Towering sea cliffs, high moors, tumbling streams and deep valleys that shelter our unique Atlantic Rain forest. On Exmoor it is still possible to find tranquillity and peace as well as rediscover your sense of adventure; to catch a glimpse of wild red deer, be amazed by dark skies full of stars and explore quaint villages full of character and charm.
Exmoor’s 60km coastline forms the first stage of the South West Coastal Path – the UK’s longest National Trail. Sometimes called the ‘Wilderness Coast’, the route journeys along high sea cliffs, remote moors, steep-sided gorges and isolated beaches.
As Europe’s first International Dark Sky Reserve, Exmoor is one of the best places in the country for stargazing. On a clear night the Milky Way, shooting stars and thousands of glittering stars and constellations are clearly visible with the naked eye. The annual Exmoor Dark Skies Festival in October is an ideal time to experience them.
What makes Exmoor special?
The story of Exmoor begins millions of years ago with the movement of tectonic plates. From that erupted the genesis of the landscape we see today: raw material that was shaped and reshaped by geological and geomorphological processes, as well as human intervention.
It’s easy to forget that Exmoor is in no small part an environment made by people. But millennia of farming, mining, fuel-making, settlement, defence and recreation have left their mark, forming the unique landscape that is now Exmoor National Park.
At just 693 square kilometres, Exmoor is one of the UK’s smallest National Parks. But what it lacks in size it more than makes up for in beauty and variety, thanks to spectacular coastline, expansive moorland, steep wooded valleys with fast flowing rivers and streams, and rolling farmland.
The value of Exmoor is not only aesthetic. From a conservation point of view, the moorlands and oak woodlands are designated internationally for the habitats and species they support. And our archaeological and cultural heritage is remarkable: new sites and discoveries are frequent in the National Park, and we enjoy a rich tradition of local art, literature, music and food.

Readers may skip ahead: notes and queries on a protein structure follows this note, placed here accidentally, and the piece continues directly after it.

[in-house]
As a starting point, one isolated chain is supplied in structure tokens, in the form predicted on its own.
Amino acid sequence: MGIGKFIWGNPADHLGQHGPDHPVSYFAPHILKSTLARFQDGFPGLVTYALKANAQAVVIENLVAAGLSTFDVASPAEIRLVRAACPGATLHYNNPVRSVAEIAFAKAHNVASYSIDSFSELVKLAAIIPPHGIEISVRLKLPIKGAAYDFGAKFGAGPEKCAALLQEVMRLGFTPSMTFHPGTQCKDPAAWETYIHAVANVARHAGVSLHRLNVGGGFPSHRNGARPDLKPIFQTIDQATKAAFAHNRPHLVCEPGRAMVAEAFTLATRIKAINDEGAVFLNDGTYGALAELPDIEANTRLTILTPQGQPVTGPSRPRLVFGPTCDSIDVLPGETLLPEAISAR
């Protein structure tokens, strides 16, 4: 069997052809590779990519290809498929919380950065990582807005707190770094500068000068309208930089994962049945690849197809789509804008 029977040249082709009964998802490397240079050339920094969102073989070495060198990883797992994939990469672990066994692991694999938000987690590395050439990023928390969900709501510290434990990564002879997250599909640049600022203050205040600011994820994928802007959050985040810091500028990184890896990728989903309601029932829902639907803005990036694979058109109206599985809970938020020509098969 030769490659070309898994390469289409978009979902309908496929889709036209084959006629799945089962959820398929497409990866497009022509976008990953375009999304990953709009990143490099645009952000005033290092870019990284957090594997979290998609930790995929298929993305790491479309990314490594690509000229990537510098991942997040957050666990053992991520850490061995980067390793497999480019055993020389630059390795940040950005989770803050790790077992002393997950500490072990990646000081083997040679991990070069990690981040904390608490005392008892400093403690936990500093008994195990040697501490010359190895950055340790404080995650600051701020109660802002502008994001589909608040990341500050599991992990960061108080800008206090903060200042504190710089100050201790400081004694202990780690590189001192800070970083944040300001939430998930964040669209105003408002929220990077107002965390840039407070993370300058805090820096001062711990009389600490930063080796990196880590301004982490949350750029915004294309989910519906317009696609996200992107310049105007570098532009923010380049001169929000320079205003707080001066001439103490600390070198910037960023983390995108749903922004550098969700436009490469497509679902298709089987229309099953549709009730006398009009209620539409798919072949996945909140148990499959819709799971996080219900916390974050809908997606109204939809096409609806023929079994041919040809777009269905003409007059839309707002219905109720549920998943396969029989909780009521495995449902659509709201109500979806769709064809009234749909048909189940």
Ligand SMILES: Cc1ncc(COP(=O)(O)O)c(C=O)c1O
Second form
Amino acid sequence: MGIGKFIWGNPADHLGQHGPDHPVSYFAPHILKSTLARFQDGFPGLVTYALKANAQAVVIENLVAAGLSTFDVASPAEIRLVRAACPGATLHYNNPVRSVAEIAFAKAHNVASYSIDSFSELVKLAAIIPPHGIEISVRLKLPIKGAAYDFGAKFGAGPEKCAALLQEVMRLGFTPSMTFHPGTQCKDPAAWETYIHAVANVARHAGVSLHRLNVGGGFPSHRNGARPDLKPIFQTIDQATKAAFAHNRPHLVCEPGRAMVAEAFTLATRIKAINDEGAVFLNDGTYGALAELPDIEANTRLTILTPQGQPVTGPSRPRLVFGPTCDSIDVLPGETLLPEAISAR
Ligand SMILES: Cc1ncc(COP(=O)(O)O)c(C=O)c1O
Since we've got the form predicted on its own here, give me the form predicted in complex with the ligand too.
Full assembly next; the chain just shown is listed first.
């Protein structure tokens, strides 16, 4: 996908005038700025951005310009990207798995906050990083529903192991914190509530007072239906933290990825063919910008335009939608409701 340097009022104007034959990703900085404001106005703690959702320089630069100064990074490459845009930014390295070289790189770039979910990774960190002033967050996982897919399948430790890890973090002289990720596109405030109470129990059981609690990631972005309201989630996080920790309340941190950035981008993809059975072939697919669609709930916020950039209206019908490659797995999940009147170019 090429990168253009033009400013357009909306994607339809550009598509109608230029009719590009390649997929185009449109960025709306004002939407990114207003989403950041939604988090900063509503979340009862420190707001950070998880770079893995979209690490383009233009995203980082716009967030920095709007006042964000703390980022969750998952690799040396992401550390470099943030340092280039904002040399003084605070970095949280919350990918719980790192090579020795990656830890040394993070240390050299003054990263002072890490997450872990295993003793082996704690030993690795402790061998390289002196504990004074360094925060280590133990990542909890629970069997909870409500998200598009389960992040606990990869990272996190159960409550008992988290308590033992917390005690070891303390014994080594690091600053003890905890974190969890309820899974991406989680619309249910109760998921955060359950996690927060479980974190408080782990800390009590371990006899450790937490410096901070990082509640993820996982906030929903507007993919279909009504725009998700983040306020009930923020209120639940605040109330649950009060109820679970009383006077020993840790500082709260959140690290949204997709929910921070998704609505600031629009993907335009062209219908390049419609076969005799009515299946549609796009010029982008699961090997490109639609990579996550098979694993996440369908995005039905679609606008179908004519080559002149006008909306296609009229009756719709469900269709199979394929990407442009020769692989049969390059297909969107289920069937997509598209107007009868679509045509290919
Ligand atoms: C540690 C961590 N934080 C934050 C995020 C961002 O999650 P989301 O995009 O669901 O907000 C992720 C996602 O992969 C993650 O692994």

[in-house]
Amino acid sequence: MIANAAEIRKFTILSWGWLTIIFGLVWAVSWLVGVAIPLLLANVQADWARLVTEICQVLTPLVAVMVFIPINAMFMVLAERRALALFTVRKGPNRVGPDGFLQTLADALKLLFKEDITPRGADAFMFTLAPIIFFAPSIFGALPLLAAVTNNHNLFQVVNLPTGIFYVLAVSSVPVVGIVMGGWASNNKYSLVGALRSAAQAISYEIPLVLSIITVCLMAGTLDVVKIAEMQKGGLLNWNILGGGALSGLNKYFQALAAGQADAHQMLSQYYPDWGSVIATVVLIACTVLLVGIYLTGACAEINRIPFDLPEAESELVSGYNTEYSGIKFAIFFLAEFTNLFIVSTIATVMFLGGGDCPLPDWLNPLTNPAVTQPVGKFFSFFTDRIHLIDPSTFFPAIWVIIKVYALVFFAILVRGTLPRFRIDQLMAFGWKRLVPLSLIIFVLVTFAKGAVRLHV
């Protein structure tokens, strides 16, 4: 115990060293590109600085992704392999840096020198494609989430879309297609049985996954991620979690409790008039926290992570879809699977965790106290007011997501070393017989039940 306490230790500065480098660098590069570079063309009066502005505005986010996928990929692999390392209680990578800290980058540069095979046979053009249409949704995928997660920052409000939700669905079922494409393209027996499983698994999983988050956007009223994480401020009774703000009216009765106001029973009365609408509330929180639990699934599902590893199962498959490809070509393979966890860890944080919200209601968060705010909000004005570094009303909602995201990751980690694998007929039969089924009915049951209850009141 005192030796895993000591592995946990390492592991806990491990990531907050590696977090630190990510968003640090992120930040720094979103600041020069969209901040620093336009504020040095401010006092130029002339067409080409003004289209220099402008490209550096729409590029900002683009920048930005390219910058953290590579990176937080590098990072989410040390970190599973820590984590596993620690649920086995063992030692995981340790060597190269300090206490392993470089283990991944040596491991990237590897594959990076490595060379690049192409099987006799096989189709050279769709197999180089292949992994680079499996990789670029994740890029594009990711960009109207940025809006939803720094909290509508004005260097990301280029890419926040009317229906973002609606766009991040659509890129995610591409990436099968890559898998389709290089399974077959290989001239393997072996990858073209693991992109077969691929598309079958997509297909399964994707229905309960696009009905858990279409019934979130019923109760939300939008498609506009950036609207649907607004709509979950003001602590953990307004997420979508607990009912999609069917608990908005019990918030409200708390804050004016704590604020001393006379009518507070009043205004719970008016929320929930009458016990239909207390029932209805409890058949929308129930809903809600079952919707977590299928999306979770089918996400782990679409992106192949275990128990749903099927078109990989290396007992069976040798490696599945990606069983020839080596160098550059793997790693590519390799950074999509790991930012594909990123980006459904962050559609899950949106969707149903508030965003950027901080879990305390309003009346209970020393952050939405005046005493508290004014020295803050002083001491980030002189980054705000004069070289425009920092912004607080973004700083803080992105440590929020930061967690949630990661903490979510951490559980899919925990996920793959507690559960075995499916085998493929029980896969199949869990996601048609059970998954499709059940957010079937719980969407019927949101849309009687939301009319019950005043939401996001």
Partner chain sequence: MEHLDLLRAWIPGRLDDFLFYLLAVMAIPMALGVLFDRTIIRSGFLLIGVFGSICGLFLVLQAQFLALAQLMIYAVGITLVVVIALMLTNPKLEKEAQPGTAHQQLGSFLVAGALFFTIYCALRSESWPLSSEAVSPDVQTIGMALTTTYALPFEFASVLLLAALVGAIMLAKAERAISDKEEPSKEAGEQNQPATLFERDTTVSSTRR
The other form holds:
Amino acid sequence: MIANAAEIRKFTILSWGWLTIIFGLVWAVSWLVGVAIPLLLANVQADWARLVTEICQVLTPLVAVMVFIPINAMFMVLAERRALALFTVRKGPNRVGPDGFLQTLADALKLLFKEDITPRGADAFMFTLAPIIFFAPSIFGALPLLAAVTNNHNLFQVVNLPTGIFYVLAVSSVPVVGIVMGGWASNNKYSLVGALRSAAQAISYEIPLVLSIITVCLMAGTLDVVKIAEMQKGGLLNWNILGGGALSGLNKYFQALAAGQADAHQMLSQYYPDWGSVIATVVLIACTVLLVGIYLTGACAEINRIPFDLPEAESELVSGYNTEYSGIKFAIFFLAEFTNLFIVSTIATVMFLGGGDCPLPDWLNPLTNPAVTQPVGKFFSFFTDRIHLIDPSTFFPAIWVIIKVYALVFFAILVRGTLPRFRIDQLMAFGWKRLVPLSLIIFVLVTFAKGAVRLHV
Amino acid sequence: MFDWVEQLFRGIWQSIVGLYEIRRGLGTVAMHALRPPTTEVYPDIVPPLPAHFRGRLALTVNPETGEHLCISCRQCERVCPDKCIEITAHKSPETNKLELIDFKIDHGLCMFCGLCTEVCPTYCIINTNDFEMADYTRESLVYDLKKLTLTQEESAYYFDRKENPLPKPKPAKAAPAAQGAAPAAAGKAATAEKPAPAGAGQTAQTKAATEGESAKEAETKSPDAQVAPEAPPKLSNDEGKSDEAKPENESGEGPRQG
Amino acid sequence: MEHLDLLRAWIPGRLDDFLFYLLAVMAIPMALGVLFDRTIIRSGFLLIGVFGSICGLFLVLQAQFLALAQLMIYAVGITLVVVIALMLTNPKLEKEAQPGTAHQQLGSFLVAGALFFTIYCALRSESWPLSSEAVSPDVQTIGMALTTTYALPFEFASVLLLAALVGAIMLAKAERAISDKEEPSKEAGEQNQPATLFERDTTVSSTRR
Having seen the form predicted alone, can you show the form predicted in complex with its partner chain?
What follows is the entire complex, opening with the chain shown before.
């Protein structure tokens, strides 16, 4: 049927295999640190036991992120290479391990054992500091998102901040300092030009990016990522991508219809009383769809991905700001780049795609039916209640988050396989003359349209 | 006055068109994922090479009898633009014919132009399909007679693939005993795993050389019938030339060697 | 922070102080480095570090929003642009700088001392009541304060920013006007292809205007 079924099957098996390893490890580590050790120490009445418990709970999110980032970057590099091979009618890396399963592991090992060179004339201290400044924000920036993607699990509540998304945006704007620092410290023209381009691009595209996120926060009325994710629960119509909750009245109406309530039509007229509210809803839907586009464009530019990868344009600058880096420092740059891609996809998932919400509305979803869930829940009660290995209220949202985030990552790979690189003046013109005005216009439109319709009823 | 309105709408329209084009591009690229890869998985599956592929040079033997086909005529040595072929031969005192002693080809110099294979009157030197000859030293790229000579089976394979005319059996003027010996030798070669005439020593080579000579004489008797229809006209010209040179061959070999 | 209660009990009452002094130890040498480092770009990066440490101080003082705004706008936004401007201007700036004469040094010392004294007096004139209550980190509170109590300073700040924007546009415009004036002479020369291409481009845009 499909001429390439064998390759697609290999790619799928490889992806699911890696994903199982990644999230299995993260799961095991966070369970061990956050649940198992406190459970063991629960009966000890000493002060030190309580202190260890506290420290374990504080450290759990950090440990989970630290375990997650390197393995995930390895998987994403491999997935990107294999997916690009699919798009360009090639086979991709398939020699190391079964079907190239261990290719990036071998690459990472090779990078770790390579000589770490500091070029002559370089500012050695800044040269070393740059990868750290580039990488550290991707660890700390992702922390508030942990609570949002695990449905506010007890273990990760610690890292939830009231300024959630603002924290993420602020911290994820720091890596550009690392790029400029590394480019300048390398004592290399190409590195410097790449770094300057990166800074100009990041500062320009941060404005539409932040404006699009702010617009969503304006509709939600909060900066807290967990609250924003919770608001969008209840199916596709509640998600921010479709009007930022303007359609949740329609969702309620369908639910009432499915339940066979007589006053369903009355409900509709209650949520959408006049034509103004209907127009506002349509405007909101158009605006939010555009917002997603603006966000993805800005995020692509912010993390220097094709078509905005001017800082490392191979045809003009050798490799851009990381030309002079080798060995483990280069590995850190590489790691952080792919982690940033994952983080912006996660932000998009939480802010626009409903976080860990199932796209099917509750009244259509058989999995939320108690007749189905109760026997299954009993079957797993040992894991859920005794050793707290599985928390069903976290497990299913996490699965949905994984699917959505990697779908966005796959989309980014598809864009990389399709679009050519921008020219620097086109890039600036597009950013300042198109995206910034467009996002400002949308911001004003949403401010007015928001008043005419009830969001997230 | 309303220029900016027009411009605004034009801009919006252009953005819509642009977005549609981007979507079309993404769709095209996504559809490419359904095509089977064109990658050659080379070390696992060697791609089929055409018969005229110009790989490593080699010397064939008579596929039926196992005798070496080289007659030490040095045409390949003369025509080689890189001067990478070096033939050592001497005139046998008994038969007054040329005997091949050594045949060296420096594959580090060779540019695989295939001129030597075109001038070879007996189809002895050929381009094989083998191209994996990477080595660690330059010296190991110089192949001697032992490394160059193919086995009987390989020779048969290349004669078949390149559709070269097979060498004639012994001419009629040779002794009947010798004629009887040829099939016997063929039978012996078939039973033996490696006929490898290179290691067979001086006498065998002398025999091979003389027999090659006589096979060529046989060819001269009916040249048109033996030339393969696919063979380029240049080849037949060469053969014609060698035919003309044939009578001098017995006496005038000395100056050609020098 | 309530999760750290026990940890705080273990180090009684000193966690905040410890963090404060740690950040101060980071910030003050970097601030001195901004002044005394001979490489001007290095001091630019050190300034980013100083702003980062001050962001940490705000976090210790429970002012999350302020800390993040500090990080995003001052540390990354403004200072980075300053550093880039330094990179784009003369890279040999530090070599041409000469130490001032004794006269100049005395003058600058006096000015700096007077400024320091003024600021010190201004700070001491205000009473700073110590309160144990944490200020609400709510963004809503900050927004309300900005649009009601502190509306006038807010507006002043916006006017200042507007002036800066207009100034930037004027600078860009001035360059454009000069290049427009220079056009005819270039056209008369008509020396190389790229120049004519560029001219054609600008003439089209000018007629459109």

Then there are the night skies, which really are out of this world. We’re officially an International Dark Sky Reserve, thanks to the wondrous starry roof that’s visible when the sun goes down.
Exmoor is a unique and very special place – a distinctive landscape shaped by generations of people who have farmed and managed the environment for thousands of years. Today it is celebrated and enjoyed for its wonderful variety of heather and grass moors, its ancient woodlands and forests, picturesque villages, dramatic coastline, magnificent herds of Red deer and native ponies, and at night the magic of its dark skies. We passionately want to see a healthy and beautiful environment thriving alongside communities and tourism. We also want to see more people from all walks of life visiting and enjoying Exmoor, and future generations continuing to be inspired by its extraordinary beauty, wildlife and history. None of this is achievable without an unwavering commitment to tackling climate change and biodiversity loss. Which is why, as part of a family of 15 National Parks encompassing some of the country’s most precious natural resources, we’re dedicated to being part of the solution and to leaving our environment in a better state than we found it for future generations.
First Great Western and Cross Country rail services from London and the Midlands serve both Taunton and Tiverton Parkway stations, around a 60-minute bus journey from the National Park. The Tarka line connects Exeter to Barnstaple – a 30 minute bus ride from Exmoor.
A number of different bus routes service the area. The nearest mainline rail stations are just outside the National Park in Taunton and Tiverton Parkway. For walkers, around 1000km of Rights of Way traverse Exmoor. The West Country Way – a national cycle route – crosses the moor and provides links with rail stations at Barnstaple, Tiverton Parkway and Taunton.